Volume I, Issue I: Artifacts of the Forest
Peaceful Pines, by Hillary Adams
Pastor Berry said they would all have a whale of a time. Because Jesus Christ was throwing a party. It was a party of goodness and love and grace, “a celebration of forgiveness and the gift of new life.”
The Fairy Pyre, by Lorraine Schein
Fairies are not immortal, though they live so long they might as well be.
The Reeking, by Davey Cobb
"I don't wanna sleep." Sleep made her sick. Sleep led to thinking, then to dreaming; dreaming about holding Ma's hand, wandering the moors; dreams that died when she woke, shattering to a million pieces.
The Lonely Road, by Linda Gould
Imagine walking through a meadow blanketed by thick forests that travelers navigated for centuries. You watch butterflies flit from wildflower to wildflower as swathes of grass dance in a gentle breeze, and a sun-filled azure sky dotted with puffy clouds fills you with an overwhelming sense of joy at your own existence.
Forest Born, by Abbie Stoner
I was born of the forest. People used to tell me that to have two arms and two legs and blood and bones wrapped in flesh meant I must have parents—and by that they meant human parents.
Hospitality, New Hampshire, by Shell St. James
She squinted through the sleet on the windshield, turning the wipers on high. They did little to dispel the gathering slush on the glass, which froze at the edges farthest from the defrost vents, catching the rubber blades as they maintained their ineffectual passes.
Down to the River to Pray, by Laurence Jones
It was most beautiful at dawn on a winter's day when there was no one else to see it. A secluded clearing on the banks of the Snake River, hidden deep inside the forests of the Oregon Trail.
What Man Hath Wrought, by Maggie D. Brace
Espied upon a twisting trail, I stop and gape in awe.
Exposed perhaps by digging rodent, or a winter's thaw.
They Do It with Magnets, by Katherine Emily
Marshall Buchanan swore as the harsh, metallic sound of crumpling steel filled the air. He ripped the key from the transmission and jumped down from the tractor cab.
FROM THE PERIODICAL, FORLORN ARCHIVES
Adrenochrome, by Danger Callahan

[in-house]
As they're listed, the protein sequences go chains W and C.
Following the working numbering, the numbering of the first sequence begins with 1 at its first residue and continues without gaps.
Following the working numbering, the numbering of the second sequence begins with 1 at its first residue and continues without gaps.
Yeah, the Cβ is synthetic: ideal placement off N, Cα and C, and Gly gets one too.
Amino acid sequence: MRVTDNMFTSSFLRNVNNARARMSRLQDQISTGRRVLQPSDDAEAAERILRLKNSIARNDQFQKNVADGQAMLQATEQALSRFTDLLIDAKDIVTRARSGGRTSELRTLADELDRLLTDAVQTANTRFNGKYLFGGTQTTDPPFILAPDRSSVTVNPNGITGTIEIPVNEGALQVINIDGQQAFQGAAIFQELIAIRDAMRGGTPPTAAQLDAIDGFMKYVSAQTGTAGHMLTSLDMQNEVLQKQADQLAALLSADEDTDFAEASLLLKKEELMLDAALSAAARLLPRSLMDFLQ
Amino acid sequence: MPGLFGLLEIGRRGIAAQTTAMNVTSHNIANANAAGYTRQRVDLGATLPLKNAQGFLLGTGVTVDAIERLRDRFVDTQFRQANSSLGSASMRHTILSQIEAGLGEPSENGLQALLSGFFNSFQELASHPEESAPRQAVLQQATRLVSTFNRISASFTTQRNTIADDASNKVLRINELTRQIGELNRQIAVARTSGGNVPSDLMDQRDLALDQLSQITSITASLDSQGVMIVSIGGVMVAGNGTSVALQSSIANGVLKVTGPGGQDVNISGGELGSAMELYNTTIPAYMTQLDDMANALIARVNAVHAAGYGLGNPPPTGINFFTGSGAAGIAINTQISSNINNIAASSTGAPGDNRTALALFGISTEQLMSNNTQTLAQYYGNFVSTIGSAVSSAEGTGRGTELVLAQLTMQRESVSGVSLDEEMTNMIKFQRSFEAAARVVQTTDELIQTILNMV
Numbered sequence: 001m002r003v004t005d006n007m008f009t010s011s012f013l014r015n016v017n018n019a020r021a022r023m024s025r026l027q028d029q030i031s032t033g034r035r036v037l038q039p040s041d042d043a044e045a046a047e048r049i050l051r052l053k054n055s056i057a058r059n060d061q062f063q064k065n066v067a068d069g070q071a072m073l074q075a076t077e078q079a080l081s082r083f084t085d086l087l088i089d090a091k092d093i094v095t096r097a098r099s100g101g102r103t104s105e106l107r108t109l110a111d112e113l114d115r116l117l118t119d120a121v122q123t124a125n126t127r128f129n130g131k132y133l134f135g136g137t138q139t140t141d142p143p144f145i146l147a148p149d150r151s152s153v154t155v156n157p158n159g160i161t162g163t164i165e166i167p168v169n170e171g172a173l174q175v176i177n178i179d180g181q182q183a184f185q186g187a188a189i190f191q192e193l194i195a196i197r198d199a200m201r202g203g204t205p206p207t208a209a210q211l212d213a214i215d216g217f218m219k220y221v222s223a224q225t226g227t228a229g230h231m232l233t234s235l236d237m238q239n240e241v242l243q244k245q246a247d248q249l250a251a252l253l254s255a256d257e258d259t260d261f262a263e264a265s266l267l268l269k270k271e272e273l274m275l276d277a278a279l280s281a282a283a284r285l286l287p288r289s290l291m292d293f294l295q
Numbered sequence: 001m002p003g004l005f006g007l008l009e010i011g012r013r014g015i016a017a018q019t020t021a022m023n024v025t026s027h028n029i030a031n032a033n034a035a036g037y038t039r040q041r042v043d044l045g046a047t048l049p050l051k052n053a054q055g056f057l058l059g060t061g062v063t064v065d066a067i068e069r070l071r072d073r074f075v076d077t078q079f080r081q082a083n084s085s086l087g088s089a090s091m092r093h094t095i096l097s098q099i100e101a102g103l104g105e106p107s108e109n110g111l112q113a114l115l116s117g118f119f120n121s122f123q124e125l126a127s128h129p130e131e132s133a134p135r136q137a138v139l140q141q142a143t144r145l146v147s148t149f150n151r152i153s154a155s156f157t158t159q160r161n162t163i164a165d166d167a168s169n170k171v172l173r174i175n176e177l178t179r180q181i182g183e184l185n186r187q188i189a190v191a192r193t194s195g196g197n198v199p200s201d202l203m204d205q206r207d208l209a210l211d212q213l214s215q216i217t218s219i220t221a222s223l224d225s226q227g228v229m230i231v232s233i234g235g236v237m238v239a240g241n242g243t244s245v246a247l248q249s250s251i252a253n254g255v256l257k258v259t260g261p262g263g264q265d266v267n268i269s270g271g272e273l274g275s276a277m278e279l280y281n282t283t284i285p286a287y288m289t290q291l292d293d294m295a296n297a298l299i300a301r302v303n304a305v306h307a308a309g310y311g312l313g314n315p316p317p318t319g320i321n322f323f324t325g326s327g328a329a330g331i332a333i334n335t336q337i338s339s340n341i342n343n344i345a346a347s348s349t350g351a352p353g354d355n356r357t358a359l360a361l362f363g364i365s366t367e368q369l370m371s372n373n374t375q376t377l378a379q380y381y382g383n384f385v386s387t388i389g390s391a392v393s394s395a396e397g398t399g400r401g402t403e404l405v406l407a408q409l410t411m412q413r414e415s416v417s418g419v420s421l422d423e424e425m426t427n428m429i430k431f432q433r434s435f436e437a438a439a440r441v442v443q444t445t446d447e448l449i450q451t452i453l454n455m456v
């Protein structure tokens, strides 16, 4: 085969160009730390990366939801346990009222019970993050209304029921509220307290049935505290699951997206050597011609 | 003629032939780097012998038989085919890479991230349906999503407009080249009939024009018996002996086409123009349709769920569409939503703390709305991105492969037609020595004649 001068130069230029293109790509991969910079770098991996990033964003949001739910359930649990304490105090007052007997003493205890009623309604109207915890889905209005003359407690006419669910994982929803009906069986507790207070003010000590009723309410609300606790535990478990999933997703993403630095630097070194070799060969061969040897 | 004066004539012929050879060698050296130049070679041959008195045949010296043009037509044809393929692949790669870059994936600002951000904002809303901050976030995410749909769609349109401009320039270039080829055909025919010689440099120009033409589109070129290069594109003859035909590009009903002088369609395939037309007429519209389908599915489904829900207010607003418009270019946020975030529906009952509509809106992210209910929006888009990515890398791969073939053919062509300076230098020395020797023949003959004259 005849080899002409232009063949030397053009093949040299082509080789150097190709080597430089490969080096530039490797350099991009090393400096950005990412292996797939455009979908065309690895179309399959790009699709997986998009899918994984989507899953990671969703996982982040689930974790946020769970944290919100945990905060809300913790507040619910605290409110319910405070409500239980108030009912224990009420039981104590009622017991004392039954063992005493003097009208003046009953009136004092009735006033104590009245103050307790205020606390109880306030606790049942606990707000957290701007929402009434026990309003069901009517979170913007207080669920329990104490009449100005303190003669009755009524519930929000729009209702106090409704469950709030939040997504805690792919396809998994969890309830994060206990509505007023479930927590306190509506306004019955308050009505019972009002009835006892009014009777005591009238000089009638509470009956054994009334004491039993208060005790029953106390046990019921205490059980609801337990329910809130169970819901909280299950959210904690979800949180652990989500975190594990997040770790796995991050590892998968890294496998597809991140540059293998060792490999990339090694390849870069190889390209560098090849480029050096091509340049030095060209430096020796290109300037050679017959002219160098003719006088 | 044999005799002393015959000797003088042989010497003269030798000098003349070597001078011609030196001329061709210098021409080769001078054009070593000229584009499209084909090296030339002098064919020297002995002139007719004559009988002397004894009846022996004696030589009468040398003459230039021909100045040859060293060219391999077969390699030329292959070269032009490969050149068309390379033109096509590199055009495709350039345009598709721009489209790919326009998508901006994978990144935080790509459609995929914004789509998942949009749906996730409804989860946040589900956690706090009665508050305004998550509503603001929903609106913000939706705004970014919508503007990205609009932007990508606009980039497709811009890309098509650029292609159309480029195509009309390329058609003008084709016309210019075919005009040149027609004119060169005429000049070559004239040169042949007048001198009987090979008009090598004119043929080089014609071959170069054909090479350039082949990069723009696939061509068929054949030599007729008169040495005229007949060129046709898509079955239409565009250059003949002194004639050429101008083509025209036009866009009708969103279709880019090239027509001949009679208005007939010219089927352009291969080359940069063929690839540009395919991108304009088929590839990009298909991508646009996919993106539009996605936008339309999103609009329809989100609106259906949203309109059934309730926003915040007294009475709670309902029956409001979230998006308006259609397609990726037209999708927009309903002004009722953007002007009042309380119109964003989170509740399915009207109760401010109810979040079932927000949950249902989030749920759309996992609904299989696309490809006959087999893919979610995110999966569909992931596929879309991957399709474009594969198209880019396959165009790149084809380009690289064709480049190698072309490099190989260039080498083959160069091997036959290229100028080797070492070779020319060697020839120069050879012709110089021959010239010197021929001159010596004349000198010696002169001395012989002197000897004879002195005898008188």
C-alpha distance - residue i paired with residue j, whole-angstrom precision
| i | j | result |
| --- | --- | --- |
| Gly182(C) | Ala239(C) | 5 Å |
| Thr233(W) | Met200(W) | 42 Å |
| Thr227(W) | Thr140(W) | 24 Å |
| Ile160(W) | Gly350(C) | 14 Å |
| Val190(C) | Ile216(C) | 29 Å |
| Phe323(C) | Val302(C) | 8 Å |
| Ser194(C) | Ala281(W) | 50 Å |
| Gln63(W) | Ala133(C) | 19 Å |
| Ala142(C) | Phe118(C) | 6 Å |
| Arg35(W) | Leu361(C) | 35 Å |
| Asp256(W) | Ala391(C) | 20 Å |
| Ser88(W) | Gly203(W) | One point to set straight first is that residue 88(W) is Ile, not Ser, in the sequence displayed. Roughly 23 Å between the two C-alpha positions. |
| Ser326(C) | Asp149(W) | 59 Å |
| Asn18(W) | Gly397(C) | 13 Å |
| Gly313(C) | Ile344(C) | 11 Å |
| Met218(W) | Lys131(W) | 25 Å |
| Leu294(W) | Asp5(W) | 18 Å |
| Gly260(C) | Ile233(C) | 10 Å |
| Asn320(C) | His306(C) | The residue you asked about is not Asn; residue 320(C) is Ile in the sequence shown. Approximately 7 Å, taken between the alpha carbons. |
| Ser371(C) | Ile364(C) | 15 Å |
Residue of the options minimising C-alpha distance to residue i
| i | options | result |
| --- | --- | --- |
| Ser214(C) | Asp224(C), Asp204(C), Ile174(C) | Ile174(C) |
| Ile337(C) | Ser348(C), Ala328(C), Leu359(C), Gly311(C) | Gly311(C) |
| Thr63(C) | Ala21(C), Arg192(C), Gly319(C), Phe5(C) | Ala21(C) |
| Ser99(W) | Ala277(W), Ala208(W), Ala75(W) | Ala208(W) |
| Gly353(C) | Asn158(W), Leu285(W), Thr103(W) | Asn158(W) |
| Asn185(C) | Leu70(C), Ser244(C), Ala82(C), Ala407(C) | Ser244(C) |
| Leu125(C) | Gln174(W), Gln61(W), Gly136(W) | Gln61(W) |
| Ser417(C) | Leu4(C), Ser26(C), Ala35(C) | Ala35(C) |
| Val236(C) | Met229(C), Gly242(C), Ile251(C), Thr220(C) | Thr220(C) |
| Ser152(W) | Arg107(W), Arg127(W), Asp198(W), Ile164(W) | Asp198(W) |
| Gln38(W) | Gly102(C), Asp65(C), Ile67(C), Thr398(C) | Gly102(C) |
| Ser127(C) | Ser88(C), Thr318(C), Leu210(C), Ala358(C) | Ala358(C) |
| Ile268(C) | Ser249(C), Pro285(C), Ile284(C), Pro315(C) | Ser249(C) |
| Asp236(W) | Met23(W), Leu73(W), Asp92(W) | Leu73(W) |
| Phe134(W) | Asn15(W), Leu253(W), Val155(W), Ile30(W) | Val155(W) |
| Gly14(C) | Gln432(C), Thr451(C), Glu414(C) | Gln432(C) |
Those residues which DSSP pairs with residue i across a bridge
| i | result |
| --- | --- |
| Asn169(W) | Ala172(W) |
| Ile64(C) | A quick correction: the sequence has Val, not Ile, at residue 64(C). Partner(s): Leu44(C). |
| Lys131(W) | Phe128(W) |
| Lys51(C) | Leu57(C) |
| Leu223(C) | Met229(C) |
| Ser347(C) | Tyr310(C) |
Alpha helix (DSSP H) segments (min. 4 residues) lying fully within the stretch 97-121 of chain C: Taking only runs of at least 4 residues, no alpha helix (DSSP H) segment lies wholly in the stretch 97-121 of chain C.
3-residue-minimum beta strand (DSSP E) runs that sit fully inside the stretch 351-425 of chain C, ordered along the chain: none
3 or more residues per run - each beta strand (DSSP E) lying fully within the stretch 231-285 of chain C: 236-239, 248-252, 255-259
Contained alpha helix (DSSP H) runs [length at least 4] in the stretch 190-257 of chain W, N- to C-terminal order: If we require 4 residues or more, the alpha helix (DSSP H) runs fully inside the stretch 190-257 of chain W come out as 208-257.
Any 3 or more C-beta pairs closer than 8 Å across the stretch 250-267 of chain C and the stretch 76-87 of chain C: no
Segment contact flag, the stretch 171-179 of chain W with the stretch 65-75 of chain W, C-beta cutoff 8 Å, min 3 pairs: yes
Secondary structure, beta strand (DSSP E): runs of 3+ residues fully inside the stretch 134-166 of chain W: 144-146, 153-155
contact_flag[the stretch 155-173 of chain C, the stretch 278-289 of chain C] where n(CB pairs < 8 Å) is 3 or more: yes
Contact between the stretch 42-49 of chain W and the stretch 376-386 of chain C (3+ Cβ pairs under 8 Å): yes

When our business gets gruesome, the burden of work falls on me.
The Haunting of Highway 10, by Ceilidh Campbell
Ceilidh Campbell picked her way through the wilderness. She climbed over mossy stone walls, the boundary markers of yesteryear’s farm fields, that had collapsed as the creeping underbrush of the forest had worked its way into the mortar.
The Slope, by Brett Salter
Fulfill a contract drafted by wary men. As a hand for hire, I better make their money count.
Appearing in this Issue:
About the Authors:
I have a BA in English from UC Berkeley and an MFA in fiction from the University of Florida. As an undergrad, I won first place in the Julia Shrout Short Fiction Contest and have had a few of my stories published in small journals. I’ve also written a middle grade novel and a YA literary horror novel currently on submission for publication.
For more of Hillary’s work, visit her website: www.hillarycadams.com
Lorraine Schein is a New York writer. Her work has appeared in VICE Terraform, Strange Horizons, Full Bleed, Enchanted Conversation, and Little Blue Marble, in the anthology Tragedy Queens: Stories Inspired by Lana del Rey & Sylvia Plath, and is forthcoming in Hybrid Fiction. The Futurist’s Mistress, her poetry book, is available from Mayapple Press: www.mayapplepress.com
Davey Cobb is a British writer of fantasy and horror, and an illustrator of the surreal. A lover of all things mysterious and macabre, he spends most of his time reading, running, and drinking far too much coffee. His upcoming debut novel, The Black Rook, is coming soon.
For more of Davey’s work, check out his website: www.daveycobb.com
Follow him on Twitter: @davey_cobb
Or on Instagram: daveycobbart
Linda Gould is an American who has lived in Japan for over 20 years. She scares herself silly when hiking through dark forests and is inspired to write ghost stories by the relationship and rituals that the Japanese have with the dead.
For more of Linda’s work, follow her on Facebook: https://www.facebook.com/Japanese-Ghost-Stories-927108850810470
Abbie Stoner writes about queer girls, magic, and magical queer girls. She is the creator of The Green Mountain Witches Tarot and her work has been published in various print and online publications. When she’s not writing or doing tarot readings, she can be found behind a camera lens and avoiding cilantro at all costs. Find her online at abbiestonerwrites.wordpress.com and on social media @abbievillehorror.
Shell St. James:
Shell St. James lives in an 1895 farmhouse in the middle of nowhere. A victim of insomnia, she spends most nights listening for the footsteps of ghosts and spinning stories in her head. Her over-active imagination is graciously tolerated by her musician S.O, and enthusiastically encouraged by her spooky cat, Sam.
Laurence Jones was born and raised in London. His work has been shortlisted/longlisted for multiple literary prizes including the Commonwealth Short Story Prize, TLC Pen Factor and Indie Writers’ Deathmatch, as well as featuring in literary journals and anthologies such as Storgy and New Zenith.
He is represented by Sara O’Keeffe at Aevitas.
Maggie D. Brace:
Maggie D. Brace is a long-time denizen of Maryland, teacher, gardener, basketball player and author. She attended St. Mary's College of Maryland and Loyola University, Maryland. She has written 'Tis Himself: The Tale of Finn MacCool and Grammy's Glasses, and has both tied with Anne Tyler in the Baltimore Sun Paper Reader's Choice for best local writer as well as lost out to John Waters. As heady as this sounds, she remains a humble scrivener and avid reader presently aging gracefully in situ.